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Continuing the state’s decade-long decline, New York ranked a dismal 48th in overall patient safety. The rankings, which are released twice each year by the non-profit organization Leapfrog Group, compile data from hospitals across the country and measure the rate of medical errors, infections and injuries, and patient satisfaction, to determine each hospital’s ranking. Since Leapfrog Group began ranking patient safety in 2012, New York has fallen from 40th worst state in the country to 48th.  In the tri-state area, Connecticut also ranks low for patient safety while New Jersey ranks among the best states in the country.

According to Leapfrog, the worst hospitals in the state are located in New York City and upstate. In fact, five of the 20 hospitals across the country that received an “F” from Leapfrog are located in the five boroughs. In the Hudson Valley, the hospital results were mixed. Here are Leapfrog’s patient safety ratings for the local-area hospitals:

A

The rate of bedsores, or pressure injuries, declined 23 percent between 2010 and 2014. However, the decline in bedsores across the country is mostly caused by a reduction in early-stage sores, according to a new report by Health Affairs. According to the study, early-stage bedsores comprised 96 percent of the nationwide reduction in bedsore rates. The rate of late-stage bedsores, which are more harmful and expensive, has mostly remained constant over the past decade, according to the published research.

Bedsores are one of the most common and preventable medical errors occurring in hospitals across the country. Bedsores, also called pressure injuries or pressure sores, can be excruciatingly painful and may not heal for months or years. In many cases, this preventable medical error does not heal – an estimated 60,000 Americans die each year from bedsores, according to Health Affairs. For these reasons, federal and state governments across the country have cracked down on hospitals and nursing homes with high rates of pressure ulcers. Beginning in 2008, Medicare began paying less to hospitals with high rates of hospital-acquired pressure ulcers. States across the country have also heightened enforcement by tracking the rates of pressure ulcers at hospitals across the state and imposing various penalties for hospitals with above-average rates of pressure ulcers.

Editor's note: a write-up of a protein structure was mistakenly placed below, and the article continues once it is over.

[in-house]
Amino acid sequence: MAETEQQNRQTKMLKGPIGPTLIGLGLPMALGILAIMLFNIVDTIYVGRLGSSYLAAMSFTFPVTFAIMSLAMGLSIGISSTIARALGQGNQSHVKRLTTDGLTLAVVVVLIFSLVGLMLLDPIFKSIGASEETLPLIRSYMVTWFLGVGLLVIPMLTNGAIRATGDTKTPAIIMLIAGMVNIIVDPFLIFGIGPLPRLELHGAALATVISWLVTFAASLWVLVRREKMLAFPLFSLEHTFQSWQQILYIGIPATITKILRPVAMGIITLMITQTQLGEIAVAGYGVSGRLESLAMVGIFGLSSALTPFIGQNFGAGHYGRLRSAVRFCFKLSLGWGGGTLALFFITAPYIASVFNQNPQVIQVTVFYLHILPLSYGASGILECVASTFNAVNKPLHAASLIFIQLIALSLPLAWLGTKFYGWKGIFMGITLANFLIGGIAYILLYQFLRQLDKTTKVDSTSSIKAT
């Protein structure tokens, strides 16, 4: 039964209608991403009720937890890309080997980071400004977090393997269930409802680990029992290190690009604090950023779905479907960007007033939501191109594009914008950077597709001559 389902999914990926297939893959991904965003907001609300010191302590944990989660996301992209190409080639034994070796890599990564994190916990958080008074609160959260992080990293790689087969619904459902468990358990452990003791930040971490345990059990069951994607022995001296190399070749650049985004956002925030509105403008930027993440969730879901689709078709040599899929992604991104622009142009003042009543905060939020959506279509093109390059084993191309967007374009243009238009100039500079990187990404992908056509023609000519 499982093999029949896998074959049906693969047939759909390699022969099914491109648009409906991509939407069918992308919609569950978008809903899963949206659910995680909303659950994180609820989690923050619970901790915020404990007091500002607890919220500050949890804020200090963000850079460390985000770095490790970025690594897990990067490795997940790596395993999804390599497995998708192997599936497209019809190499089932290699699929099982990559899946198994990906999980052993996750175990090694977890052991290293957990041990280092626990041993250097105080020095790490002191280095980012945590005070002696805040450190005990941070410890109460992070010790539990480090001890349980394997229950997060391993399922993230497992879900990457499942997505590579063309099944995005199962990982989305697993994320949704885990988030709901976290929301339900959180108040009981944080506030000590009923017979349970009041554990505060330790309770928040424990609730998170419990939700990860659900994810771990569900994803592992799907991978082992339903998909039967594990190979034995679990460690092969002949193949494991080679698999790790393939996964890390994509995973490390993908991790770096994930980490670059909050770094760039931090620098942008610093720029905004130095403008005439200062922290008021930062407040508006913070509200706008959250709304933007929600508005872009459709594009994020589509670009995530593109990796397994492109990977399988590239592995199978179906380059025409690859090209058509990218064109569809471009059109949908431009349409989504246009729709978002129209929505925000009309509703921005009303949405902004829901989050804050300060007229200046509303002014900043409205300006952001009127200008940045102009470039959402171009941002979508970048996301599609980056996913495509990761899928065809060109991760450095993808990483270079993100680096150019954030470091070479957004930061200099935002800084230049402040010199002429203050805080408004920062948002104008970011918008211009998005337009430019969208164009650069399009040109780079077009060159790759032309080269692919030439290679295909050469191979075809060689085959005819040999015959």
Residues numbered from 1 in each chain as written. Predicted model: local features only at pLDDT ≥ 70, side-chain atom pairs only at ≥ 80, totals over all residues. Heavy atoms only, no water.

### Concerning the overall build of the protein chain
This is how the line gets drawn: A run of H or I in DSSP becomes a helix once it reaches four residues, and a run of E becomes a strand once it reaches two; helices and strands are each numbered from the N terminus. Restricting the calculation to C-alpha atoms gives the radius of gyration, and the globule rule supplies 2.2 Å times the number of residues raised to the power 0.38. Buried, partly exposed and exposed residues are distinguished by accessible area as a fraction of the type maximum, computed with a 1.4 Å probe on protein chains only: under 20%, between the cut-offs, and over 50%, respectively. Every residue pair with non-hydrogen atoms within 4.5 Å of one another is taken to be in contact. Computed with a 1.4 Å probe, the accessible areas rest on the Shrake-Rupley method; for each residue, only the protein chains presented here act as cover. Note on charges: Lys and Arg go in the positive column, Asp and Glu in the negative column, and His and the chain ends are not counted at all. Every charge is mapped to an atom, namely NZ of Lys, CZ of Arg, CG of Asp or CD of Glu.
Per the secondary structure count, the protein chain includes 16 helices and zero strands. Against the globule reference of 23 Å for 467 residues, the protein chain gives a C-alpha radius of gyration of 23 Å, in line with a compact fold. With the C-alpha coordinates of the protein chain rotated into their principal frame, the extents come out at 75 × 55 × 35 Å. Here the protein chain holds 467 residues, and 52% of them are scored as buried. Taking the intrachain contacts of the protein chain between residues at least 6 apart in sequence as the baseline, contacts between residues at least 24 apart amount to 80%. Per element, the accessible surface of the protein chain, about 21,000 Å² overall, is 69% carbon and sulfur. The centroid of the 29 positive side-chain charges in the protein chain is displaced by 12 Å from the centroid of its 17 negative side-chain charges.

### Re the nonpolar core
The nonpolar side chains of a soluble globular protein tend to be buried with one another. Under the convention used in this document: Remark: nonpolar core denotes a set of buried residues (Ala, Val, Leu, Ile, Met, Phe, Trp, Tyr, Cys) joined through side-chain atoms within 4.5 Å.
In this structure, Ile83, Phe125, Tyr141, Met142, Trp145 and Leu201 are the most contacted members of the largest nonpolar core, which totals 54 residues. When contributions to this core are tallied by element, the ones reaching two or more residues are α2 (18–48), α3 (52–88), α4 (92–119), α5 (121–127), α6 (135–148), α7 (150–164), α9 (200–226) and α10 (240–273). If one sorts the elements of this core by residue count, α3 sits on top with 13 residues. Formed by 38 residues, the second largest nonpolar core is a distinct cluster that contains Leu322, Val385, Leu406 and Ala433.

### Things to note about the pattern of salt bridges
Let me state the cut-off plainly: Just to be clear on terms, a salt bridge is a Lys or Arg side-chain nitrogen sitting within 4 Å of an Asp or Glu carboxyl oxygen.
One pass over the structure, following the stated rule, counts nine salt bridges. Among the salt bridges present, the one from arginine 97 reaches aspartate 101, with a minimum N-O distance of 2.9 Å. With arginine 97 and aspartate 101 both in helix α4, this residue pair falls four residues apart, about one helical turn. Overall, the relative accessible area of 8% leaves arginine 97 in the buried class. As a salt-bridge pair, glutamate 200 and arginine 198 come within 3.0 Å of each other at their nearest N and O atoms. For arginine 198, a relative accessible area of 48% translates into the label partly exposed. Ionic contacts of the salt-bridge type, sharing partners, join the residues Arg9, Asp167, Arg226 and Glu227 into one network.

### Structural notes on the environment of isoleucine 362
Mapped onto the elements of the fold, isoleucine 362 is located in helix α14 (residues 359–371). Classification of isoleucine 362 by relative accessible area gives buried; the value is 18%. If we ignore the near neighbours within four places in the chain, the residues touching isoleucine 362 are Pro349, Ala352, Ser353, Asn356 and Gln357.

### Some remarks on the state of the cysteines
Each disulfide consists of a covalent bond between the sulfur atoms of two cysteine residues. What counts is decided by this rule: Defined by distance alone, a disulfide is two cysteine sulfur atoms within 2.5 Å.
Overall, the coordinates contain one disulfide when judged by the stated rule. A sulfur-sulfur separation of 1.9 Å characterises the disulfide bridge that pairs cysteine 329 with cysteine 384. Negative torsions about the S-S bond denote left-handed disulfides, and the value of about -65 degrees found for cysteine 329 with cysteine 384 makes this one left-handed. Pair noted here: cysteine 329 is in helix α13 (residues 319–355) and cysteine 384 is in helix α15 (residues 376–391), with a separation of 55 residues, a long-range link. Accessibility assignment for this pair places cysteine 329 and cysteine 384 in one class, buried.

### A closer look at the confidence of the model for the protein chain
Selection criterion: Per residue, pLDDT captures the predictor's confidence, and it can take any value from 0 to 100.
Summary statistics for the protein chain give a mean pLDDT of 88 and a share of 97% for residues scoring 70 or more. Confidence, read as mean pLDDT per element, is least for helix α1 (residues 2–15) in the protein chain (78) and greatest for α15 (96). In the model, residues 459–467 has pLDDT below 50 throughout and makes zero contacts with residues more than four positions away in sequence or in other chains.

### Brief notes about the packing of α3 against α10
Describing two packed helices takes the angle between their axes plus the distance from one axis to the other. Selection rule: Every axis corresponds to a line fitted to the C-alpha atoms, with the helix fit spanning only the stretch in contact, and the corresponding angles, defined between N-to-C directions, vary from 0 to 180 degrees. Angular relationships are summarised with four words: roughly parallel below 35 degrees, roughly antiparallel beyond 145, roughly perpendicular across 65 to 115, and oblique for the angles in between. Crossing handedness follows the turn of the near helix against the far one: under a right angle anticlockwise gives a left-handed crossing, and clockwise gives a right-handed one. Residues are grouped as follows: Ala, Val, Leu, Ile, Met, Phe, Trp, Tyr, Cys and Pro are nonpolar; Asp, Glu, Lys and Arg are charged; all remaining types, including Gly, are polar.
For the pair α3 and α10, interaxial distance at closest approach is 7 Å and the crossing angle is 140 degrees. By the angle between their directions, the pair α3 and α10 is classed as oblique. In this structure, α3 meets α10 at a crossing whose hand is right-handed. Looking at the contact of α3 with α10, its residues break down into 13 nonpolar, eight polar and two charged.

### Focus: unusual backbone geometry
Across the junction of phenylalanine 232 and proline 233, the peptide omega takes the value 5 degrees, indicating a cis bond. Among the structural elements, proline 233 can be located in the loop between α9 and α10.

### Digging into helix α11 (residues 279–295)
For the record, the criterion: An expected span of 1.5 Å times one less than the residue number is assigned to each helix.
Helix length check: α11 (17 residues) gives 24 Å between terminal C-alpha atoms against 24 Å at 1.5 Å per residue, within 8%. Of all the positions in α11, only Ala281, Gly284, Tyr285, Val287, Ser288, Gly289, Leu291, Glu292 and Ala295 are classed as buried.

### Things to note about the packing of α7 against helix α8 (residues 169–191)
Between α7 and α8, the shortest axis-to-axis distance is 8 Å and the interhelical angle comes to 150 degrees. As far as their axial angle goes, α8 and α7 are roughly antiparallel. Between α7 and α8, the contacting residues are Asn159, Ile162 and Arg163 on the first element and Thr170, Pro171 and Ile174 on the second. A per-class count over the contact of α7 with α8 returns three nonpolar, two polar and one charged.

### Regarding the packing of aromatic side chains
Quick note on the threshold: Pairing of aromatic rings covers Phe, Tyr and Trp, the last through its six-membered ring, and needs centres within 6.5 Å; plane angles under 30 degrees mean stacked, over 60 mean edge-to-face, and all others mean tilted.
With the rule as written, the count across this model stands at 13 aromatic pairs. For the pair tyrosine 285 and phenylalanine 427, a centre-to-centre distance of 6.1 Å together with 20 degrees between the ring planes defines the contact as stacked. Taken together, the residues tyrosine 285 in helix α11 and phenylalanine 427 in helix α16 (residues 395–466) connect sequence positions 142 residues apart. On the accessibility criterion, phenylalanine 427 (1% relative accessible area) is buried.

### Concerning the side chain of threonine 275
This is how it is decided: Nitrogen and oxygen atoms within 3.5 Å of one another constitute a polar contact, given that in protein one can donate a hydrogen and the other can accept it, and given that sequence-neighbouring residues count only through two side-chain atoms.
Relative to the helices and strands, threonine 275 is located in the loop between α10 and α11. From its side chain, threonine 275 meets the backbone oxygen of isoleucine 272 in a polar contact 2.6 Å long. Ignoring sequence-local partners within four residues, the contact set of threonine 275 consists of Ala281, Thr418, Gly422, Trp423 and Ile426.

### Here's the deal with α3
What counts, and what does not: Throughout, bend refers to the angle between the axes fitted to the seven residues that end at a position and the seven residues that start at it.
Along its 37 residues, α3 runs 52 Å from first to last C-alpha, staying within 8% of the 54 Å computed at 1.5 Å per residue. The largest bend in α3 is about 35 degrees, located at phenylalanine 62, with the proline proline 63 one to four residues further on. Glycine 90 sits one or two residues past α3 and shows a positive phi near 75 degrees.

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Concerned over the growing rate of construction accidents, Mayor de Blasio and City Hall passed a new set of safety regulations on the construction industry last year. However, according to a news report this law is being ignored by the construction industry. As the rate of accidents and deaths in the construction industry reach a record high this year, safety advocates hope that the government steps up enforcement of the law or pursues further legislation to protect construction workers.

Under the safety legislation passed by the city, construction workers must undergo additional training – a 10-hour class should have been completed by March 1 of this year, with an additional 30-hours of safety training required by December 1. Upon completion of the training, construction workers will receive a “Site Safety Training” card that must be brought with them to their construction site each day. However, despite the city’s noble efforts to address a real problem in New York, injuries and deaths in the construction industry have only grown this year.

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As America blazes its path towards marijuana legalization, federal agencies and traffic safety experts are worried that the full ramifications of legalizing the once-illicit drug remain unknown. The latest smoke signal that states should study the matter further came out last week when the federal government reported a 6 percent increase in highway crashes across states that legalized the drug. The previous study, which focused on the first three states to legalize the drug for recreational purposes, found a 5.2 percent increase in highway crashes.

Unlike alcohol, where a breathalyzer can easily and objectively determine whether a person is too intoxicated to drive, the push for an objective sobriety measurement for cannabis remains elusive. Currently, the police are able to perform a blood test and locate THC in the blood of the driver, however, because THC can stay in a person’s system for days or even weeks, the test lacks the ability to measure whether the driver was intoxicated while behind the wheel.